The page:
The FAO international statistics gathered attempts to obtain estimates of the total of each class in any country. In the examples, the statistics were stated as the exports of a country: Sudan, Brazil, Philippines, Indonesia, etc. The assumption is that they include all exports of the product from the country. The question may be asked do they include all the exports of that product? Are exports of all companies - large, small, government and private - included? are the exports from all ports included? is the cross border trade with neighbouring countries included? There is very little recorded trade in forest products between neighbouring African countries.
This question of coverage may be very significant in the case of domestic production, for example honey production.
Last question - are there accurate records or estimates for all of these?
How Measured - Units of Measurement of the products
The FAO international statistics use the metric system. National statistics may have their own measurement units and measurement conventions. As long as these are accurately known, they may be converted to FAO standard units. Trade statistics are recorded in many countries in weight units: kilogrammes or tonnes. These may be converted approximately to cubic metres using standard conversion factors. The FAO standard for value is the United States dollar. National currency units are converted to US dollars, using current exchange rates published by the International Monetary Fund (IMF).
WHEN - The Time Period to Which Statistics Relate
For example the FAO Yearbook of Forest Products presents statistics for the calendar year January-December. Some countries or companies maintain their statistics on fiscal, or financial years or according to different calendars. Where monthly data is available, the calendar year data can be calculated. Where countries supply data for a different time span, it may be necessary to accept this as a best estimate of calendar year data. For such purposes as marketing and trade, monthly data are important.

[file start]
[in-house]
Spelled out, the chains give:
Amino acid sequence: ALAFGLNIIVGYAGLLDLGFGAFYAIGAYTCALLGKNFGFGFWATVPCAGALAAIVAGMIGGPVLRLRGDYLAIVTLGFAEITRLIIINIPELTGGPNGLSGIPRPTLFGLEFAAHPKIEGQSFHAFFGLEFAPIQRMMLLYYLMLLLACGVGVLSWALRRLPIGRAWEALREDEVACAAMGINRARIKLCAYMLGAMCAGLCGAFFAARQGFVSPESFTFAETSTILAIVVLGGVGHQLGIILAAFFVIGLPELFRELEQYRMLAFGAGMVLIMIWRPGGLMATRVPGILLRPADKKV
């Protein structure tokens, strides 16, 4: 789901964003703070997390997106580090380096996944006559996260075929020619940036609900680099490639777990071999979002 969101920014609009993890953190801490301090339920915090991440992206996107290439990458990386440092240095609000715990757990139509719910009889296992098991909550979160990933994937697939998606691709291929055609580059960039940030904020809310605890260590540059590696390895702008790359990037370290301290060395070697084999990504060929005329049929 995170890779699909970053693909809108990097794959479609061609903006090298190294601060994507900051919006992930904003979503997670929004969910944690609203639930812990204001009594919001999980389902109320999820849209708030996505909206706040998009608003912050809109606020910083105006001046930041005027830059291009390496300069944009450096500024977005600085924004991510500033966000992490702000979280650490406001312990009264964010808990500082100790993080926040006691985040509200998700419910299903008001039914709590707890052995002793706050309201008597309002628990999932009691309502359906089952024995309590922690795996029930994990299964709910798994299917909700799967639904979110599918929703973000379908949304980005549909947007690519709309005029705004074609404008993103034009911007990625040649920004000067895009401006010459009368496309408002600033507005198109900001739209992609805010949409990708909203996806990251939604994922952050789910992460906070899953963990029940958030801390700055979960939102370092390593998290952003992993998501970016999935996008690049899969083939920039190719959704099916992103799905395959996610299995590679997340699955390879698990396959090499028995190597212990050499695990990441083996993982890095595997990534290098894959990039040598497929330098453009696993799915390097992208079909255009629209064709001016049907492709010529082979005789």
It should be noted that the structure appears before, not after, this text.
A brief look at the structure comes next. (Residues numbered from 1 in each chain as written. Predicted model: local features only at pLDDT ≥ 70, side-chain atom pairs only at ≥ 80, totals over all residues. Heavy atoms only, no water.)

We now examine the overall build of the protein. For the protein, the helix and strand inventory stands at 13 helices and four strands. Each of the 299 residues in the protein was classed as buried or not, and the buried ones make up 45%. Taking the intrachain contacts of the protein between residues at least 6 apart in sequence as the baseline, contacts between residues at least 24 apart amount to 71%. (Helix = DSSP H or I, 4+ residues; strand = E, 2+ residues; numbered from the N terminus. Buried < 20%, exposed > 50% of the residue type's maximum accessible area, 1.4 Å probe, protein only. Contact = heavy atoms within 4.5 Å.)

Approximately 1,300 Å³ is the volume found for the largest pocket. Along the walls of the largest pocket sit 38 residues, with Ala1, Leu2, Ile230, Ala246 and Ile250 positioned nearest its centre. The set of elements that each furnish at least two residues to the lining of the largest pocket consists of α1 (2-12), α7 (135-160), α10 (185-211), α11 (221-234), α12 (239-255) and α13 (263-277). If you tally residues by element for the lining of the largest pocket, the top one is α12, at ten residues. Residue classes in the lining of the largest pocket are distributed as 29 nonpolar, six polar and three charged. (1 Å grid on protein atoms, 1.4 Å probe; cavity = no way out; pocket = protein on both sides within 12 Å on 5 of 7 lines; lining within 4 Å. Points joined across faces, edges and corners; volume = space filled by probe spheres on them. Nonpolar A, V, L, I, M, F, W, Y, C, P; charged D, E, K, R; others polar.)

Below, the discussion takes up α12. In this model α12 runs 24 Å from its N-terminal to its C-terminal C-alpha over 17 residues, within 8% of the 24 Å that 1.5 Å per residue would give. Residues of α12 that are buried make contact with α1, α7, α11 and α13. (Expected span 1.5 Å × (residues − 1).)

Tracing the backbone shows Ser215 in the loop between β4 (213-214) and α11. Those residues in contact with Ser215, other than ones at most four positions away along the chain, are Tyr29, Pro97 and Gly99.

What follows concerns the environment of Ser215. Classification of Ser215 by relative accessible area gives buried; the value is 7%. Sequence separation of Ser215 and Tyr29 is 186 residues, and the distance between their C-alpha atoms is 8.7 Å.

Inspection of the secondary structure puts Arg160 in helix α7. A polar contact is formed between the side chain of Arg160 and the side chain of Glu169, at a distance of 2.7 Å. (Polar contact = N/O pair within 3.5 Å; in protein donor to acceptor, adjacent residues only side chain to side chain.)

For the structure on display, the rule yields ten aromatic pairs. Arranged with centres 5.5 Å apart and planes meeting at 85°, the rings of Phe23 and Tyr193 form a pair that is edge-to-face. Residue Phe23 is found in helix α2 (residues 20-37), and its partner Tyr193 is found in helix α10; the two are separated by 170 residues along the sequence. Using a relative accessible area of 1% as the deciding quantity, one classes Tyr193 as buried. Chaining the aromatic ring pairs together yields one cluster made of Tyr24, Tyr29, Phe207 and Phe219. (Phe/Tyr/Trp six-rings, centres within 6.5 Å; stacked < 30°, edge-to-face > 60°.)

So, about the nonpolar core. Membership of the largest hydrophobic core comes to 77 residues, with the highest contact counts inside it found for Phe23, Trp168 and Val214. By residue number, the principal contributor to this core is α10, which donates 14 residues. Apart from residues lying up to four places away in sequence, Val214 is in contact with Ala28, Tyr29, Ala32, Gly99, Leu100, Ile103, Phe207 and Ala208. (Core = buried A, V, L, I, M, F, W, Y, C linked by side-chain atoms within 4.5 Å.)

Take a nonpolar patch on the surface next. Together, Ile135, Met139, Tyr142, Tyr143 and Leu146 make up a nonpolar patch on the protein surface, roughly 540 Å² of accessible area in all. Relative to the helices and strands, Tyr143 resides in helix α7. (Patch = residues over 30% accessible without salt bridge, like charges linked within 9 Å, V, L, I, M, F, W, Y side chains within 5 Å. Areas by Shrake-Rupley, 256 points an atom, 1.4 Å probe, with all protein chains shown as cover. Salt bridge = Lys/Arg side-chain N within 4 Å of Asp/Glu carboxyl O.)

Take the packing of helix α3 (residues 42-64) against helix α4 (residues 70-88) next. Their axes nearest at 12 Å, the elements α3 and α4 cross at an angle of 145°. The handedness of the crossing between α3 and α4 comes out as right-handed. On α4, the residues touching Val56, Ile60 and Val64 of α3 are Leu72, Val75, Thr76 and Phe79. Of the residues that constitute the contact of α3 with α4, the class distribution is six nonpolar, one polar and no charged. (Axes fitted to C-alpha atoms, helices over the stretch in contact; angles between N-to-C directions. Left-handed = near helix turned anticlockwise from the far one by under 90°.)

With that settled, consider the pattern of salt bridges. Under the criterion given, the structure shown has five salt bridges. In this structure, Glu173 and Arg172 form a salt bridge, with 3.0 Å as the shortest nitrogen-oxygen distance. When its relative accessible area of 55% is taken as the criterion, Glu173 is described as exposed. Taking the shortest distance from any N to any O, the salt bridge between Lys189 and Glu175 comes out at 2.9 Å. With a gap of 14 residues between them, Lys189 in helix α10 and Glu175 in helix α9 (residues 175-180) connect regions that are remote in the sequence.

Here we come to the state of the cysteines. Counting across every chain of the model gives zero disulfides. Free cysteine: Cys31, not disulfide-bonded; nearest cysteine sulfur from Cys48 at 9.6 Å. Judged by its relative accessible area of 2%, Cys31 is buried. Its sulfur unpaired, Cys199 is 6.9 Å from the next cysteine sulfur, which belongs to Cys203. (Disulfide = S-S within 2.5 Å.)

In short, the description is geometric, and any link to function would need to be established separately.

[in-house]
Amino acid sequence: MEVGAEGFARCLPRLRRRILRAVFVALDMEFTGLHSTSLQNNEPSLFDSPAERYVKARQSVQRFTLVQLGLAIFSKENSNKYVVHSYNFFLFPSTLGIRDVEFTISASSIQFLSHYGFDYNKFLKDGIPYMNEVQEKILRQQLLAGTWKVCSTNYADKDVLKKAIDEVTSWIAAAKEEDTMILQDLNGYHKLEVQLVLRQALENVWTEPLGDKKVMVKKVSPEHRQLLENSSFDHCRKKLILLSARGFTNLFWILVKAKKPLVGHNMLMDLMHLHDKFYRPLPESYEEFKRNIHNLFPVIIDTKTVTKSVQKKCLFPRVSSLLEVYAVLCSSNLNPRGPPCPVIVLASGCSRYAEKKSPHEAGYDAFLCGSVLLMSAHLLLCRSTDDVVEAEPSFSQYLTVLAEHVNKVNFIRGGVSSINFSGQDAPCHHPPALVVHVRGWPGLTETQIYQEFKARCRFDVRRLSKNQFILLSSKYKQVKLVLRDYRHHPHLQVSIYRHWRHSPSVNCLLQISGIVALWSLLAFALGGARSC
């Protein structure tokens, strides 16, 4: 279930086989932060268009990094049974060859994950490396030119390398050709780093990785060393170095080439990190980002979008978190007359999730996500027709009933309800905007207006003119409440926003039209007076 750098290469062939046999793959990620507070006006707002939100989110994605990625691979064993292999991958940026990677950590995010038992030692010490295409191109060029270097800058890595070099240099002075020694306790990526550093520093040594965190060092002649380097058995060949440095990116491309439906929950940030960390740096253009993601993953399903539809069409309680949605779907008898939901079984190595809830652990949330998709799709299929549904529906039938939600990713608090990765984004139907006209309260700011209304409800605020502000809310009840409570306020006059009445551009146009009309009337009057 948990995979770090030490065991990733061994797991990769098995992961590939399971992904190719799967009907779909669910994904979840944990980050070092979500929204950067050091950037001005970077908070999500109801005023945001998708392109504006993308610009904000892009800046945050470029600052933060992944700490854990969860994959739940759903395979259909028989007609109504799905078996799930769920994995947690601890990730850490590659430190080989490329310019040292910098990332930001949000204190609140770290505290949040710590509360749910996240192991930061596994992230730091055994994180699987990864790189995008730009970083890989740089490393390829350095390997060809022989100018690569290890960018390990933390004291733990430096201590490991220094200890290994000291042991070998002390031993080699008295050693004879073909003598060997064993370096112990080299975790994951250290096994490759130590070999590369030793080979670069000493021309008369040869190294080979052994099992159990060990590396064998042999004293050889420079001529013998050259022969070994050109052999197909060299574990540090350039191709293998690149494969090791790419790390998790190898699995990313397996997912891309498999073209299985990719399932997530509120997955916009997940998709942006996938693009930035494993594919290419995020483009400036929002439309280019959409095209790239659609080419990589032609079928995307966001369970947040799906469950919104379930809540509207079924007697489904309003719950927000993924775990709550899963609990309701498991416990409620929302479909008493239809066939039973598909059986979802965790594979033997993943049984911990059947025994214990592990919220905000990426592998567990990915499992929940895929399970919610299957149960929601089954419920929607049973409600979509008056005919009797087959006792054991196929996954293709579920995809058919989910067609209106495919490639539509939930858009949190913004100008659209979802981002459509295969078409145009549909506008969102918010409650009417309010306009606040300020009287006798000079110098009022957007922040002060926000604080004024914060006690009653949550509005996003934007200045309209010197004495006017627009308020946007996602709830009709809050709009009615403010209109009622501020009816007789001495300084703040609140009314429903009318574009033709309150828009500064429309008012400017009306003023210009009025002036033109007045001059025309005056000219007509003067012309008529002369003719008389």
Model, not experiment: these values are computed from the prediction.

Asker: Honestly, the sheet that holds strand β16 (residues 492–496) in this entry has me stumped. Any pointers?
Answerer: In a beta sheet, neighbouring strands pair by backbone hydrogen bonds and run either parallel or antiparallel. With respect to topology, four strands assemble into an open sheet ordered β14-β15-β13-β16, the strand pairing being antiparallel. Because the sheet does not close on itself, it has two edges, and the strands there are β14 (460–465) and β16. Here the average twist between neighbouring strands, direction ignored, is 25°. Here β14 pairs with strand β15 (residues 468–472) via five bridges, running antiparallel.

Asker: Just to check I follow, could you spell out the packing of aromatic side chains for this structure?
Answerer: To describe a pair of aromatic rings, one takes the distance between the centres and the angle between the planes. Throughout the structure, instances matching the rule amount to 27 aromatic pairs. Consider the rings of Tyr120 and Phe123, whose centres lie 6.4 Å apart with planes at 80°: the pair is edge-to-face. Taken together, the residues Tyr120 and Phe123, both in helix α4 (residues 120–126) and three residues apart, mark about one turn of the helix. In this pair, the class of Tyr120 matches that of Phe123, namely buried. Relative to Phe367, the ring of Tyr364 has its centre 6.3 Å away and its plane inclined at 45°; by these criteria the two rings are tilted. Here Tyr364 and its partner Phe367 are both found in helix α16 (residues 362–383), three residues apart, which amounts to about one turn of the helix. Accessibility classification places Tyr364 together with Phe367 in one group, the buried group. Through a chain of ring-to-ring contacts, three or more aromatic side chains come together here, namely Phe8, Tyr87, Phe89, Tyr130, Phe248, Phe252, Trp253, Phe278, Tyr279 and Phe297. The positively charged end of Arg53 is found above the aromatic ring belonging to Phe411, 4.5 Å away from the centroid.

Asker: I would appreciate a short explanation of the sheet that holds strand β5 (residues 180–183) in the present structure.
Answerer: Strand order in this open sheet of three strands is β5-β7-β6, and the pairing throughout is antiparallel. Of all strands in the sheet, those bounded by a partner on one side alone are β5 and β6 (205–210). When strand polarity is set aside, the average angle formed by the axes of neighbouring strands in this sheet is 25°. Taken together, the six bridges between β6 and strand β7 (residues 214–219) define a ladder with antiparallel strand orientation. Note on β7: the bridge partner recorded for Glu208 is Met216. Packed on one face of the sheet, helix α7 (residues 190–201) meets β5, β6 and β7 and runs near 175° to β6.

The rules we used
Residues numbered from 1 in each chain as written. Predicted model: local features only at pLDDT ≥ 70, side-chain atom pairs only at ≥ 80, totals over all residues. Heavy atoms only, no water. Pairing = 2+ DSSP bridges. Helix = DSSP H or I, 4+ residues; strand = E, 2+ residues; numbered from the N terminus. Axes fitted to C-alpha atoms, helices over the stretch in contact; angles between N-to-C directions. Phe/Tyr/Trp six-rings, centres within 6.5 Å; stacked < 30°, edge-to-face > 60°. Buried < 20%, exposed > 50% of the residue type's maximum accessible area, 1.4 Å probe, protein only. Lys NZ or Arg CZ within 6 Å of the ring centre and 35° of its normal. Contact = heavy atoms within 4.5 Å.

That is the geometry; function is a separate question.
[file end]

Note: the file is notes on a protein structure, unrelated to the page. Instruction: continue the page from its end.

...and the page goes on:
A sample of NWFP classifications
UN Standard International Trade Classification Rev. 2 and 3.
This classification has bean the basis for many national trade classification. With the introduction of by the Customs Cooperation Council of the Harmonised System in 1988, the UN introduced SITC rev.3 with a precize correspondence between the items of the harmonised system and these of SITC rev.3.
NWFP consultation held in Bangkok 5-8 November, 1991.
The Consultation reviewed the range of NWFP produced in different countries and established a classification as applicable to the Asia-Pacific region.
The NWFP reporting in Brazil.
The major significance of "minor" forest product.
Until now we have spoken about
What, Where, When, How;
but what about
WHO? and WHY?
The replay is that before is important to discuss the first series of queries, and after, in the second presentation, if there is time, we can describe the functions of a Forestry Statistical Office, the Organization of Statistical Information, how to built support for the statistical work, the importance of statistics in the decision-making process, and the role of Forestry Statistician in promoting NWFP. The experience of FAO Forestry Department in collecting and disseminating International Forestry Statistics will be presented.